Hitachi announced in 1970 software for the HITAC-1, a full-featured billing machine that was a precursor to the office computer. In 1973 Hitachi announced software for the HITAC 5, a billing machine based on magnetic cards, and software for the HITAC 55 office computer.
In 1977 Hitachi announced L-320/PS, the operating system for the HITAC L-320, a general-purpose intelligent system with such functions as data entry, billing, and remote job inputs. L-320/PS was designed to satisfy the following needs.
- Improve the efficiency of user programming and system operations
- Provide better usability so that even inexperienced operators could quickly learn the system
- Enable the computer to be used both as a standalone offline office computer and as a general-purpose intelligent terminal when connected to a telecommunications line
Hitachi announced two operating systems in 1983. MIOS7 was the operating system for the HITAC L-70 series of office computers that were designed to be fully featured systems with a wide range of hardware scalability, such as selecting the number of connected workstations. MIOS3 was the operating system for the HITAC L-30 and 50 series of dialog-based office computers.
MIOS7/ES was announced in 1986 as the operating system for the HITAC L-70/8 series of office computers. The HITAC L-70/8 series was envisioned as an office processor supplying office automation functions not on a local office basis but as part of an integrated corporate information processing system that encompassed individual-user levels, department levels, and corporate levels. The operating system assumed the following application configurations.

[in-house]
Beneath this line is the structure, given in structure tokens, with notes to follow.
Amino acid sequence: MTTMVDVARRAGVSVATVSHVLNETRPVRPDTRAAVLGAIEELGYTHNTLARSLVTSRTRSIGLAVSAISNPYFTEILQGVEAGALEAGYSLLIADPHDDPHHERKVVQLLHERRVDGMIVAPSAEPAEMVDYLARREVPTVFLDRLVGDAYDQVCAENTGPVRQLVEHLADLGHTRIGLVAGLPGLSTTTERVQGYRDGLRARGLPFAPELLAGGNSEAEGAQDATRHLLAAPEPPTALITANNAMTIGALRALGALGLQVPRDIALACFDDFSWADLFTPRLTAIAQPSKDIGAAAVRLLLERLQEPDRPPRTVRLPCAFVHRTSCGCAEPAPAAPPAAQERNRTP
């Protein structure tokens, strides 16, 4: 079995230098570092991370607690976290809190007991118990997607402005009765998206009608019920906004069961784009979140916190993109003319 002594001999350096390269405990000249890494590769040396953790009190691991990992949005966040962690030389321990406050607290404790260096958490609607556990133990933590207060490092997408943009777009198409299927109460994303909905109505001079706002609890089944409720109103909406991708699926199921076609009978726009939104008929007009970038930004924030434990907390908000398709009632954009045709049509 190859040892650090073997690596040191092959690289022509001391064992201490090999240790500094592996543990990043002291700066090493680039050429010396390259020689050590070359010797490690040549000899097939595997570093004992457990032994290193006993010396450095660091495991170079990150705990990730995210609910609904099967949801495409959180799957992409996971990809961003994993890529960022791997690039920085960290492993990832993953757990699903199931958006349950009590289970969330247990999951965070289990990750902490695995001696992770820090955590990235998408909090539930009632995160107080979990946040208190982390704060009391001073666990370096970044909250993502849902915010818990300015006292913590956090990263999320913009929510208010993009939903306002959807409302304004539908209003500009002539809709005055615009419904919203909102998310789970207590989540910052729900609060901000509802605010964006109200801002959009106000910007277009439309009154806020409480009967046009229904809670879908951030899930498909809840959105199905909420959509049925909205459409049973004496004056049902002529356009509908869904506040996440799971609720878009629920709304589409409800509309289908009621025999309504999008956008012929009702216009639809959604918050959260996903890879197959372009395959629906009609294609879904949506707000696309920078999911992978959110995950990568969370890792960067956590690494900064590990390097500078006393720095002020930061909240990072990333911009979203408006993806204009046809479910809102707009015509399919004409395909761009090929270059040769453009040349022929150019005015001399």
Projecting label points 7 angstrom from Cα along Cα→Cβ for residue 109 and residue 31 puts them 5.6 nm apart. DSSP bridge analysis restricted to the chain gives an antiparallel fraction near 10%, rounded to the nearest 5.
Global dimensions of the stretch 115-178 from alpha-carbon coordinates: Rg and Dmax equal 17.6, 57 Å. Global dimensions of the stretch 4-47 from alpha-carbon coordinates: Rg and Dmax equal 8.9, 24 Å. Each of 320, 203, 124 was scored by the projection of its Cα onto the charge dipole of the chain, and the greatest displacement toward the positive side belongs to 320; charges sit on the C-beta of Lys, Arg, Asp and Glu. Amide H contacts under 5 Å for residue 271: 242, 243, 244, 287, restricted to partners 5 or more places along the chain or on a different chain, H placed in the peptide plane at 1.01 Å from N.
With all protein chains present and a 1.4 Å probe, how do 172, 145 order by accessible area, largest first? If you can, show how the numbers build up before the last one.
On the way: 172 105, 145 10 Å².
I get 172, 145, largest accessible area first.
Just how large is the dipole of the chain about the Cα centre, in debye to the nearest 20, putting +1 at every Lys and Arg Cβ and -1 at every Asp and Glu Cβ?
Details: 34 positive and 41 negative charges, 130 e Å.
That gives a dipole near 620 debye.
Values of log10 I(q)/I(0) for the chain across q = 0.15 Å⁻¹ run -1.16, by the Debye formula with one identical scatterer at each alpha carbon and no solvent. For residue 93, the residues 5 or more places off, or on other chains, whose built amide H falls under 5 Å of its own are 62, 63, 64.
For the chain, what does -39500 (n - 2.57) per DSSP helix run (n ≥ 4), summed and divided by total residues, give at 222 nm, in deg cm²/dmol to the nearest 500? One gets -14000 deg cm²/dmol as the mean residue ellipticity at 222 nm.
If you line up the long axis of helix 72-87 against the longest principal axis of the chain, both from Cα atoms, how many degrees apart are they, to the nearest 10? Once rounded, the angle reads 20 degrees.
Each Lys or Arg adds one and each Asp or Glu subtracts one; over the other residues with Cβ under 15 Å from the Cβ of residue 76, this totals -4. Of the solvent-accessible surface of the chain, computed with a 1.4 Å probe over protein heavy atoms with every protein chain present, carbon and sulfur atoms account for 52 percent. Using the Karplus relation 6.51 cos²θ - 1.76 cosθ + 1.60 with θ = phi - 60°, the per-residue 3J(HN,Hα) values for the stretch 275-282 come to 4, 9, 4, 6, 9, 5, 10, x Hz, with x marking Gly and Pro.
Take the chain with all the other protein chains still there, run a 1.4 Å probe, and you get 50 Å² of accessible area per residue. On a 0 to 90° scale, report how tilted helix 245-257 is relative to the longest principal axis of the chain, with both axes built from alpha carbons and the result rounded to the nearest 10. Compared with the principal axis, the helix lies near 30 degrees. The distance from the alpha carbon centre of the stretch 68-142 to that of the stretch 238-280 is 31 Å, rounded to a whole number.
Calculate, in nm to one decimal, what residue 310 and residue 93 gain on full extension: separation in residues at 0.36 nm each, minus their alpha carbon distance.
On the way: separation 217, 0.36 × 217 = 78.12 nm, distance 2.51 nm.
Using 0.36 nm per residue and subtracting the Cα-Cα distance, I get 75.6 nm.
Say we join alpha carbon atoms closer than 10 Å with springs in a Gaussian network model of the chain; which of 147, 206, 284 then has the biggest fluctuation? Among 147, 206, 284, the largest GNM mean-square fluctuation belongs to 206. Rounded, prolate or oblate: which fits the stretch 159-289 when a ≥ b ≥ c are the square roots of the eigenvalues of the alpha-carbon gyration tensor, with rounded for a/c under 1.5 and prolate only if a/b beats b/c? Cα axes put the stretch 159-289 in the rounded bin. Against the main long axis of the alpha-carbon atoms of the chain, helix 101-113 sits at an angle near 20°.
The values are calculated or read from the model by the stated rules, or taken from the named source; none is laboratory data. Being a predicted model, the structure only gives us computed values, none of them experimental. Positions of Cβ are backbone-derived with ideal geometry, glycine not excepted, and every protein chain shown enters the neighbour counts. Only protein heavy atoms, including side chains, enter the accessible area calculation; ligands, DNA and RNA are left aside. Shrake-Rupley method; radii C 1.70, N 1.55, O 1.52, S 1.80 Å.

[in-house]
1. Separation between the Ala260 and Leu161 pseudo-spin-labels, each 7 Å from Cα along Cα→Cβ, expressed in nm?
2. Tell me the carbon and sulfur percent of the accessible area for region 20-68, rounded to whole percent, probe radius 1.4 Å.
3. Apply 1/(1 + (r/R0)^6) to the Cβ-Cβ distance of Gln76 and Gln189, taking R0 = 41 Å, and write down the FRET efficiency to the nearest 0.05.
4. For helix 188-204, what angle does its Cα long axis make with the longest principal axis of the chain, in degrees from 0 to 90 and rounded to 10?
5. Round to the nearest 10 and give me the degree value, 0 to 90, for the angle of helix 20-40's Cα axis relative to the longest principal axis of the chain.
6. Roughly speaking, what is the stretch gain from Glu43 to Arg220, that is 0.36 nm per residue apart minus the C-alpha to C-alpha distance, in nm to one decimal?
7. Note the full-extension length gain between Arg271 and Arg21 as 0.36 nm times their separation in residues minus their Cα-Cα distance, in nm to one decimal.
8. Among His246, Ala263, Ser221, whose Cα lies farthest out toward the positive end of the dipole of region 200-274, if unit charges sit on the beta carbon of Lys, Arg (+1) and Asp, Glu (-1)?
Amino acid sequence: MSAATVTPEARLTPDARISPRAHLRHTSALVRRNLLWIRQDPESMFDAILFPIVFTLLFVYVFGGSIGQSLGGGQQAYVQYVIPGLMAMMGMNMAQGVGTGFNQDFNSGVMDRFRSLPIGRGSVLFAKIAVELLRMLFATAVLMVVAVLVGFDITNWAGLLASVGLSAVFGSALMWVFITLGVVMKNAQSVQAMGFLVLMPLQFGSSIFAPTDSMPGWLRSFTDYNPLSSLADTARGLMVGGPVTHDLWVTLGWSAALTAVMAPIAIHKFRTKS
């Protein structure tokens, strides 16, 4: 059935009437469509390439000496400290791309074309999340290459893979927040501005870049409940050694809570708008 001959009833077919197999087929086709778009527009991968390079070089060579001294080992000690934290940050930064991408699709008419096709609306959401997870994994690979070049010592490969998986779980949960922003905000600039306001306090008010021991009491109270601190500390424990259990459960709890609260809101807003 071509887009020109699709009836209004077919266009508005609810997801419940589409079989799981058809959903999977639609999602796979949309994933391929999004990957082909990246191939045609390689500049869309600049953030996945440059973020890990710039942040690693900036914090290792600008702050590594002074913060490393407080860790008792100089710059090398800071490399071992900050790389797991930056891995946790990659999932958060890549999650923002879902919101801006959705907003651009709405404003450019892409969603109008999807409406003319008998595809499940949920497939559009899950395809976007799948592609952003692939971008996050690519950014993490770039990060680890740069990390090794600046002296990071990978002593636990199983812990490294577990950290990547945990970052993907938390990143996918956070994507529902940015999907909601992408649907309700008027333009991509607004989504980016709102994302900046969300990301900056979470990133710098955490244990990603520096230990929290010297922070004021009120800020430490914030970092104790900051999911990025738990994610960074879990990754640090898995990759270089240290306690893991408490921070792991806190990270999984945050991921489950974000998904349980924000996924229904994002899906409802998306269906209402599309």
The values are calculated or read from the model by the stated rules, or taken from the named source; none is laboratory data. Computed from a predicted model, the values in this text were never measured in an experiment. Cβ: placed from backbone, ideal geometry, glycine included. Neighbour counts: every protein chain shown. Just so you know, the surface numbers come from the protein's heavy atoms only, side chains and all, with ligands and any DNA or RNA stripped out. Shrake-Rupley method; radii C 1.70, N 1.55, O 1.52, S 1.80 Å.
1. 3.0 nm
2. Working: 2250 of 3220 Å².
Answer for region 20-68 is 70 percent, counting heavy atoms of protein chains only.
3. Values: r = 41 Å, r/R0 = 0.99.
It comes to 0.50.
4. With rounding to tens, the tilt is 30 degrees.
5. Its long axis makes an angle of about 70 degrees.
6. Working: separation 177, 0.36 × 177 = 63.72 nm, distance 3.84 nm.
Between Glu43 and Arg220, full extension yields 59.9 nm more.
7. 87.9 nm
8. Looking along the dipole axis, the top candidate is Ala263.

- Multilevel usage of core information
- Information exchanges over a network system
- Information sharing between departments
The MIOS7/AS operating system for the HITAC L-700 series of office computers was announced in 1990. At a time when office processor applications were expanding in the direction of strategic information processing through multilevel access to information, this operating system supported network processes that fused together centralized processes and distributed processes. In addition to dialog-based transactions, these combination network processes included vertical distribution of processes through connectivity with large-scale host computers and horizontal distribution of processes that could handle distributed business tasks.
In 1993 Hitachi announced the MIOS7/AS2 operating system for the elles 7 series of office computers. This operating system was designed in response to increasingly stringent demands on software development to keep pace with the rapidly changing corporate landscape, such as shorter development turnaround times, more orders for high-quality, low-cost development, and reductions of ballooning maintenance costs for existing systems．